(Quebec) Faced with the “casualness” of the Legault government, the Assembly of First Nations of Quebec-Labrador (AFNQL) challenges Bill 96 on the protection of French before the courts. The Caquiste law “undermines the ancestral rights” of the First Nations, according to her.
The AFNQL and the First Nations Education Council (FNEC) will file an application for judicial review on Thursday to challenge the Official and Common Language of Quebec Act, also known as Bill 96, before the Superior Court of Quebec. According to the First Nations, this new version of Bill 101 violates their “aboriginal rights” in terms of education.
“If there is no listening at the political level […] well we are forced as a last resort to go to court. This is the gesture we are making after careful consideration,” said AFNQL Chief Ghislain Picard in an interview. “We understand that it’s big, but at the same time, it’s not bigger than the importance we attach to the issue of educational success for our young people,” he added.
The request for control concerns a dozen articles of the new CAQ law. According to the Indigenous leaders, the provisions in question “reinforce, unjustifiably perpetuate and accentuate already existing disparities in education, in addition to hindering efforts to reclaim” languages.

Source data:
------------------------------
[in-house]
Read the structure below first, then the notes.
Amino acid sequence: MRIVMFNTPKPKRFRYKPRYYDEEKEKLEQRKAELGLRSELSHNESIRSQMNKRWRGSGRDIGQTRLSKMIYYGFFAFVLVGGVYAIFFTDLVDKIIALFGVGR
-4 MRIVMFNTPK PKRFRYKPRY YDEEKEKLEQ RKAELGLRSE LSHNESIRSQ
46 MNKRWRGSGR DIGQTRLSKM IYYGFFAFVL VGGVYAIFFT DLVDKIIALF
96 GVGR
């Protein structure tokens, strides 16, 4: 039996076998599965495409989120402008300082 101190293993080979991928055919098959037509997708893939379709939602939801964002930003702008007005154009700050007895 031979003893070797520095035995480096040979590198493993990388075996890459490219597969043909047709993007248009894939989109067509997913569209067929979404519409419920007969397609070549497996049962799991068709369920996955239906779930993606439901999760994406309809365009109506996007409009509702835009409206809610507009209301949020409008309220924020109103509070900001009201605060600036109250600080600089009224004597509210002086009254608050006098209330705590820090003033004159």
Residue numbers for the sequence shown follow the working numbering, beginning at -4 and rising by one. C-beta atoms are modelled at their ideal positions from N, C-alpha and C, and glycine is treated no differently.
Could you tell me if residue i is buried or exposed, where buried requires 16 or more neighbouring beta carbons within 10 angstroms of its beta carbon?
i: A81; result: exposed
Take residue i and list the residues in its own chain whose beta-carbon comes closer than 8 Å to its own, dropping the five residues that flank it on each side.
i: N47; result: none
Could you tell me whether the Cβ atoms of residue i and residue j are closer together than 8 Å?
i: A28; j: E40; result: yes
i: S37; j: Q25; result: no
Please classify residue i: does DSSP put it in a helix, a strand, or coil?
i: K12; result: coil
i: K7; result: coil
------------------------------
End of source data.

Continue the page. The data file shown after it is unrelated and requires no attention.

The main point in dispute is that Bill 96 requires students in English-speaking CEGEPs to take three courses taught in French during their college studies. Those who do not have the ability to do so can instead take three French courses. This adds a “barrier” for Indigenous students from communities where English is spoken.
“It just makes the wall much higher than it already was with Bill 101 [for Indigenous students] who study in English,” illustrates Gesgapegiag chief John Martin. He says French lessons, even in high school, are already difficult for students in his community, who speak English and their traditional language.
The AFNQL specifies that it does not question the importance of defending French, but explains that “the right to self-determination and self-government in education is the prerogative of First Nations and not that of the provincial government. “.
The First Nations had first asked to be exempted from the law on the protection of the French language. The Executive Director of the First Nations Education Council, Denis Gros-Louis, said at the time that he viewed the legislation as “cultural genocide”.
The Legault government had quickly closed the door at the request of the First Nations. Since then, the Prime Minister has promised in the middle of the election campaign a bill to protect Indigenous languages ”in the same way that we protect French with Bill 101″.
This legal challenge is a new bone of contention between the AFNQL and the Legault government. In mid-March, La Presse reported that Chief Picard was asking François Legault to back down on his commitments to introduce a bill on Indigenous languages and another on cultural safety. The latter must be presented shortly by the Minister responsible for First Nations and Inuit, Ian Lafrenière.